Keying material for encryption is stored as digital bistrings in non-volatile memory (NVM) on FPGAs and ASICs in current technologies. However, secrets stored this way are not secure against a determined adversary, who can use probing attacks to steal the secret. Physical Unclonable functions (PUFs) have emerged as an alternative. PUFs leverage random manufacturing variations as the source of entropy for generating random bitstrings, and incorporate an on-chip infrastructure for measuring and digitizing the corresponding variations in key electrical parameters, such as delay or voltage. PUFs are designed to reproduce a bitstring on demand and therefore eliminate the need for on-chip storage. In this dissertation, I propose a kind of PUF that measures resistance variations in inter-metal layers that define the power grid of the chip and evaluate its temperature and voltage stability. First, I introduce two implementations of a power grid-based PUF (PG-PUF). Then, I analyze the quality of bit strings generated without considering environmental variations from the PG-PUFs that leverage resistance variations in: 1) the power grid metal wires in 60 copies of a 90 nm chip and 2) in the power grid metal wires of 58 copies of a 65 nm chip. Next, I carry out a series of experiments in a set of 63 chips in IBM's 90 nm technology at 9 TV corners, i.e., over all combination of 3 temperatures: -40oC, 25oC and 85oC and 3 voltages: nominal and +/-10% of the nominal supply voltage. The randomness, uniqueness and stability characteristics of bitstrings generated from PG-PUFs are evaluated. The stability of the PG-PUF and an on-chip voltage-to-digital (VDC) are also evaluated at 9 temperature-voltage corners. I introduce several techniques that have not been previously described, including a mechanism to eliminate voltage trends or 'bias' in the power grid voltage measurements, as well as a voltage threshold, Triple-Module-Redundancy (TMR) and majority voting scheme to identify and exclude unstable bits.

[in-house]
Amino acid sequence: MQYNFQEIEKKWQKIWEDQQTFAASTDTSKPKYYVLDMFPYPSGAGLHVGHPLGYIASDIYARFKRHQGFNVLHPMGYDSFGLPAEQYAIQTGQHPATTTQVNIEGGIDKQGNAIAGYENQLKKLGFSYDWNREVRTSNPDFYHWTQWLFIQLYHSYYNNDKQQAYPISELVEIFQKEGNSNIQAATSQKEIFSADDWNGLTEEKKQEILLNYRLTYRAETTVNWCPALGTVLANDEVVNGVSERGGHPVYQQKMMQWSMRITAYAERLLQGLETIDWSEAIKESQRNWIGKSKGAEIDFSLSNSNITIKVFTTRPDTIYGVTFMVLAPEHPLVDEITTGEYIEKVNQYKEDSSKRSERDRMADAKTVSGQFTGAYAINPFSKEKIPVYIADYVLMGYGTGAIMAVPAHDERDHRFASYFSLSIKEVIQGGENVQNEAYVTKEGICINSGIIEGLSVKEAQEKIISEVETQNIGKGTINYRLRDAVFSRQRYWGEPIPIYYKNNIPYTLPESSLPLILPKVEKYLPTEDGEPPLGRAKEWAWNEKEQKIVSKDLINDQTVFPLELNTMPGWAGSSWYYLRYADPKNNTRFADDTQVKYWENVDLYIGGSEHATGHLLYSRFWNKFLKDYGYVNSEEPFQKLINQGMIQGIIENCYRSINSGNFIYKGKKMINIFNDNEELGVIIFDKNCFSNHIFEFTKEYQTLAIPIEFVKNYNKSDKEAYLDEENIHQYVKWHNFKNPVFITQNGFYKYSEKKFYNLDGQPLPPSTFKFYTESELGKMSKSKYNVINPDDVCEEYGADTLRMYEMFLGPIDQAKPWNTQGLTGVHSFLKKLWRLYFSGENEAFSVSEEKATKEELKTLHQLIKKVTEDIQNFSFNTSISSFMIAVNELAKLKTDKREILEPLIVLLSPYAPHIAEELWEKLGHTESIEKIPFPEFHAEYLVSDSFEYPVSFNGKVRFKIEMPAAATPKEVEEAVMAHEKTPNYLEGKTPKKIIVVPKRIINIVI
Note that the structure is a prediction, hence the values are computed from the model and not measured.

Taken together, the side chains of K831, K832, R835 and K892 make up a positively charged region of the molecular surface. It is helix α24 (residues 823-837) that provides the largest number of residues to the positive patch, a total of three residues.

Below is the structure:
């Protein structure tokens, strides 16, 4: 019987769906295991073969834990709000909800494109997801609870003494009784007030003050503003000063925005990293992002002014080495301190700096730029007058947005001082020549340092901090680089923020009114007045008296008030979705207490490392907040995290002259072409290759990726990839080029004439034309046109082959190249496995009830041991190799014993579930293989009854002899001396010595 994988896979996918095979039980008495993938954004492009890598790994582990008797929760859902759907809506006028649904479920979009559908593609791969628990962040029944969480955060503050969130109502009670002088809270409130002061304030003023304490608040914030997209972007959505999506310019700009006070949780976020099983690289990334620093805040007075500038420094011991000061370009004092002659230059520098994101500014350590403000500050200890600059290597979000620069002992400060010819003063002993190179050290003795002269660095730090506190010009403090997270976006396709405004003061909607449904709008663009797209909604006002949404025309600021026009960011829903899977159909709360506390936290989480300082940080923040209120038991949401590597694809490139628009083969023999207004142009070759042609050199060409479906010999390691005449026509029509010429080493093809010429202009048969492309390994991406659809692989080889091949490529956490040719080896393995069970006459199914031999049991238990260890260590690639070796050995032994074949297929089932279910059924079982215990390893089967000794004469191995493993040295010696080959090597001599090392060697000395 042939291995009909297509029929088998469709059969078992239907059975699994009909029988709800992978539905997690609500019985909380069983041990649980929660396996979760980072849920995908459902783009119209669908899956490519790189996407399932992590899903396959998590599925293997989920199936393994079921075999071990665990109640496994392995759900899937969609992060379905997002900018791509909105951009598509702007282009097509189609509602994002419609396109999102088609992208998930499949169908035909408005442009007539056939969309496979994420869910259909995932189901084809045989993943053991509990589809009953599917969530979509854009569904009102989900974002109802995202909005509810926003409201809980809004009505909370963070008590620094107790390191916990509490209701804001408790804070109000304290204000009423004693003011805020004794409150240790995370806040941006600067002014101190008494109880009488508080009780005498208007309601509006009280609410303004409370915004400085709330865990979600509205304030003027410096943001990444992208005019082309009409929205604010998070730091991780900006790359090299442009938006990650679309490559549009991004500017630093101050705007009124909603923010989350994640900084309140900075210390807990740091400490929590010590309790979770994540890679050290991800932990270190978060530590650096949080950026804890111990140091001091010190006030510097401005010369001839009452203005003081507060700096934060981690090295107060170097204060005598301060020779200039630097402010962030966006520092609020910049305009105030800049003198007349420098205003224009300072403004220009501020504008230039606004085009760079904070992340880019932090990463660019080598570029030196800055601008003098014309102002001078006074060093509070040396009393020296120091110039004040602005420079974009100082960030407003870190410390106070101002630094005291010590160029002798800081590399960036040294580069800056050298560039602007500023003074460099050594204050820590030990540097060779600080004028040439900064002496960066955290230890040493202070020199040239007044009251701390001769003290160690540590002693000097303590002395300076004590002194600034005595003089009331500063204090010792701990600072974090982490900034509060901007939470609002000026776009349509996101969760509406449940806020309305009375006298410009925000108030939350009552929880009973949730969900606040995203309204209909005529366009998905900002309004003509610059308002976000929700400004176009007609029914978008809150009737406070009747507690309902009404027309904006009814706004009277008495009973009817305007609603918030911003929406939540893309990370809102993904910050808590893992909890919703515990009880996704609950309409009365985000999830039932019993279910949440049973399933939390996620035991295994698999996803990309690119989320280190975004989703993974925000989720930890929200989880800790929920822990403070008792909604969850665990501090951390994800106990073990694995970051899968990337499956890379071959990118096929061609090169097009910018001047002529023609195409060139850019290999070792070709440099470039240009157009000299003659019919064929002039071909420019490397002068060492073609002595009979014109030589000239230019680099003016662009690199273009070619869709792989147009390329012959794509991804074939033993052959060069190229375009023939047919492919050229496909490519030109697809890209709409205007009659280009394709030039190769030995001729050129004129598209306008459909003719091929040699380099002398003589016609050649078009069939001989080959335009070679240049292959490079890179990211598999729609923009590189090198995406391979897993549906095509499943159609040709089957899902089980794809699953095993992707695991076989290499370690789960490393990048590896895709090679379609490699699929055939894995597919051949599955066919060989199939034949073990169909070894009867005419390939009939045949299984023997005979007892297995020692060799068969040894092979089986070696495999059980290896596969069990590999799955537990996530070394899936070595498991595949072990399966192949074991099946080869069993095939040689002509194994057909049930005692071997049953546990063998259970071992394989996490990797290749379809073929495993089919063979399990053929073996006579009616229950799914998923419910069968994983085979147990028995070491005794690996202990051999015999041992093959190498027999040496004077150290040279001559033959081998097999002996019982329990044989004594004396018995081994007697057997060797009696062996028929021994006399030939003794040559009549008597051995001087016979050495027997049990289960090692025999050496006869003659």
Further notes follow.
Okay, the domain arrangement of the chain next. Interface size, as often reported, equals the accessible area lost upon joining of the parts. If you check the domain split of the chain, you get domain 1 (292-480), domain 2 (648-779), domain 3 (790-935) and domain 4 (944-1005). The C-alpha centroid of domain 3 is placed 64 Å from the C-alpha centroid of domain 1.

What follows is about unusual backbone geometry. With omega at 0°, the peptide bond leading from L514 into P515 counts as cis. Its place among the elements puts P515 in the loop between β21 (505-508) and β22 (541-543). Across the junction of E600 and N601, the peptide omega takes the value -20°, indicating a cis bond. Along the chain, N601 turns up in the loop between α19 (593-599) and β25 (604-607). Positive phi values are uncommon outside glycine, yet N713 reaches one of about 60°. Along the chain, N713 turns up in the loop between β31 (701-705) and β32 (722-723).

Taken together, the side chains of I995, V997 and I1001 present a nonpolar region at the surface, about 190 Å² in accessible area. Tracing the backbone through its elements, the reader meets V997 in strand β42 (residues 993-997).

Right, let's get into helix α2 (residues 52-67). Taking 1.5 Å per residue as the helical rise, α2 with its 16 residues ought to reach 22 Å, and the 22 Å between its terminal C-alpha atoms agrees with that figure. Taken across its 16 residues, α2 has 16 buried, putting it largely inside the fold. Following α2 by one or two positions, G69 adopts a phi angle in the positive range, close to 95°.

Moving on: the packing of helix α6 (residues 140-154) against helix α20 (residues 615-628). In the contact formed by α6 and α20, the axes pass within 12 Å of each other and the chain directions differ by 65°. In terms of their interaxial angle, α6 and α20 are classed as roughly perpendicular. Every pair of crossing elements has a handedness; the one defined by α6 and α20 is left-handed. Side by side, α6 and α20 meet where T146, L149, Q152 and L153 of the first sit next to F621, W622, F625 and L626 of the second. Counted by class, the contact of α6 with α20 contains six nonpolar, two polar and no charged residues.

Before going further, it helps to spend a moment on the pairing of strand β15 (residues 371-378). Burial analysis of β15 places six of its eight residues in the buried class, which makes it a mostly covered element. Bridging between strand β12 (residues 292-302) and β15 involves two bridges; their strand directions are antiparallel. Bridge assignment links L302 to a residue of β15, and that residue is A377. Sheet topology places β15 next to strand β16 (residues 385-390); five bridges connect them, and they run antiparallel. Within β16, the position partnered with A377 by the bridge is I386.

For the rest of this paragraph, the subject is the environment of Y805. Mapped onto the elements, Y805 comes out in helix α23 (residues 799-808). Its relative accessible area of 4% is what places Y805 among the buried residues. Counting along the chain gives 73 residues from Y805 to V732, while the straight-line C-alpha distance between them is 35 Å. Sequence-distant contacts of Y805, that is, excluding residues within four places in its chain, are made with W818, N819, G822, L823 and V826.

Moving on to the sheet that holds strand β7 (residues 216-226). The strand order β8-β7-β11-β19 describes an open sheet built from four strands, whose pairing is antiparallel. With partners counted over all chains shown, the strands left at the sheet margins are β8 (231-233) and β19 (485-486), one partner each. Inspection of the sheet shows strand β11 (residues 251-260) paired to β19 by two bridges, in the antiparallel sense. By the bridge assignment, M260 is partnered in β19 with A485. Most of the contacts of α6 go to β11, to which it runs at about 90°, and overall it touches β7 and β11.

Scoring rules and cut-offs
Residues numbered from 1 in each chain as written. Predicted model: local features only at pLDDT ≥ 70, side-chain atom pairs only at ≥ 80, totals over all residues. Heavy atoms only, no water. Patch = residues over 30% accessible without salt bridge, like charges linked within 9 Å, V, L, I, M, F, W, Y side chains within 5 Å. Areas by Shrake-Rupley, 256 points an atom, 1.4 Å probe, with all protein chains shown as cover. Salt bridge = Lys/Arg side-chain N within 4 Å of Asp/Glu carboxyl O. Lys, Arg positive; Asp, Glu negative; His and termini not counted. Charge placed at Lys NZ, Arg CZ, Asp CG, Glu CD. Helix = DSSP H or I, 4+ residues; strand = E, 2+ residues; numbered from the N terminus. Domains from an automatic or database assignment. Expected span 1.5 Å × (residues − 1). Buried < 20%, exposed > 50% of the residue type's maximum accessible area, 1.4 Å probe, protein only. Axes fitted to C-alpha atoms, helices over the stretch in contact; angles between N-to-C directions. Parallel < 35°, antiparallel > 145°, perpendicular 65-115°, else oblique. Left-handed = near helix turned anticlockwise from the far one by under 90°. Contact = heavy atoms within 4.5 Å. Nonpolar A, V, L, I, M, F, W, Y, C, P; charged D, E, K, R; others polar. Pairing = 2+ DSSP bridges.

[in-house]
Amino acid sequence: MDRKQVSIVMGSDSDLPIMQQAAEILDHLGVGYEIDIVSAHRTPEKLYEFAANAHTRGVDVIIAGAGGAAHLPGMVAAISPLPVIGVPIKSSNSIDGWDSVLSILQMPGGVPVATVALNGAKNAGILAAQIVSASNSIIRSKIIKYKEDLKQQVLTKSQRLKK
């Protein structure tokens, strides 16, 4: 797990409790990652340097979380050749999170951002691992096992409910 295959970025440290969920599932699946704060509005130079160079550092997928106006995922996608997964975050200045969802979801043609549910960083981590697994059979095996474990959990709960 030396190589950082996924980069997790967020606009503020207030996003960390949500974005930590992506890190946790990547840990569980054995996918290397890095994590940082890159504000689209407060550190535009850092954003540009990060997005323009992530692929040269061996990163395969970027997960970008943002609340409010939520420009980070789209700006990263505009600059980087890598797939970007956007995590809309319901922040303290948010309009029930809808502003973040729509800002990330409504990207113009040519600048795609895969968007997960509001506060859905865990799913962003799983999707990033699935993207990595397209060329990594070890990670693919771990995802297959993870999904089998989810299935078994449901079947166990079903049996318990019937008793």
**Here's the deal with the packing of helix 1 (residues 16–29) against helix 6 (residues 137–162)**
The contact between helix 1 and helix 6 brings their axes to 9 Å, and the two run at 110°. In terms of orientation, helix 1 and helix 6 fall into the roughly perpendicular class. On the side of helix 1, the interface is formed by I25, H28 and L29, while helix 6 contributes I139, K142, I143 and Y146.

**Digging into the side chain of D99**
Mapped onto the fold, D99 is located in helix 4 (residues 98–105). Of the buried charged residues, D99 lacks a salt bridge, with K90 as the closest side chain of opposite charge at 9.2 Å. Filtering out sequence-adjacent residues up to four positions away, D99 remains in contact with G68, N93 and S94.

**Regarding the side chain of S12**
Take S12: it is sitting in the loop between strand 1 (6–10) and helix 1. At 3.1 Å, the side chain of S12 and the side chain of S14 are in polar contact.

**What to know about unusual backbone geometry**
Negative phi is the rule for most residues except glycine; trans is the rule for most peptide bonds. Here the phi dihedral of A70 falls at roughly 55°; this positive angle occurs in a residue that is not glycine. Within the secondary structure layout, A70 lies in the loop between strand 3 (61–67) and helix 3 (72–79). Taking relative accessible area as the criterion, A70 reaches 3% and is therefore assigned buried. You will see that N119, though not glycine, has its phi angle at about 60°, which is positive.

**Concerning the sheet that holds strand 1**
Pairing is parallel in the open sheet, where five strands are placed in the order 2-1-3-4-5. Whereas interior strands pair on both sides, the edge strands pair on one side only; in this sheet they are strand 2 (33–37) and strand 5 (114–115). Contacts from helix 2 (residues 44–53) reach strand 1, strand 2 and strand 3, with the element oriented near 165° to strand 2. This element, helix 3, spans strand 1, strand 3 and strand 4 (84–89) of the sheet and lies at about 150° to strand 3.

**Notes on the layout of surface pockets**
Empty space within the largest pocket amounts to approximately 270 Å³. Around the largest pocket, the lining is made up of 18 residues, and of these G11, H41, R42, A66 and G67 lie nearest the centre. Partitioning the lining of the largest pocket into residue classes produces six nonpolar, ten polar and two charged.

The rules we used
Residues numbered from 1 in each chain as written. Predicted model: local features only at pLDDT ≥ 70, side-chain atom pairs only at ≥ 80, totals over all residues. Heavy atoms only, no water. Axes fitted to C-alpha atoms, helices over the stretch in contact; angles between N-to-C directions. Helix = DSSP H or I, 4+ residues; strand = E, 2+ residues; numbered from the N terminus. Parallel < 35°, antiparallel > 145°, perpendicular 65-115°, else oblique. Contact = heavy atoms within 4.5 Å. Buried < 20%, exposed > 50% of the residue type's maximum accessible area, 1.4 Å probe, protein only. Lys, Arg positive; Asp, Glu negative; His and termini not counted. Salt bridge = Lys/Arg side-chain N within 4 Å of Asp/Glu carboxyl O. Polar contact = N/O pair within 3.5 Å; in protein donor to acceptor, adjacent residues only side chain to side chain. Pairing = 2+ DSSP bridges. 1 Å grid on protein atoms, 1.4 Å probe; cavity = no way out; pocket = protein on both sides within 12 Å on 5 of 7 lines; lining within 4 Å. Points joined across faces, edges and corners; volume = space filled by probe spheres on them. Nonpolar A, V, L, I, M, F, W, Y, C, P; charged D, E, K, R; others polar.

PG-PUF, Thresholding mechanism, Resistance Variation, Power Grid, Physical unclonable function, NIST
Level of Degree
Electrical and Computer Engineering
First Committee Member (Chair)
Second Committee Member
Third Committee Member
Ju, Jing. "A Physical Unclonable Function Based on Inter-Metal Layer Resistance Variations and an Evaluation of its Temperature and Voltage Stability." (2014). https://digitalrepository.unm.edu/ece_etds/128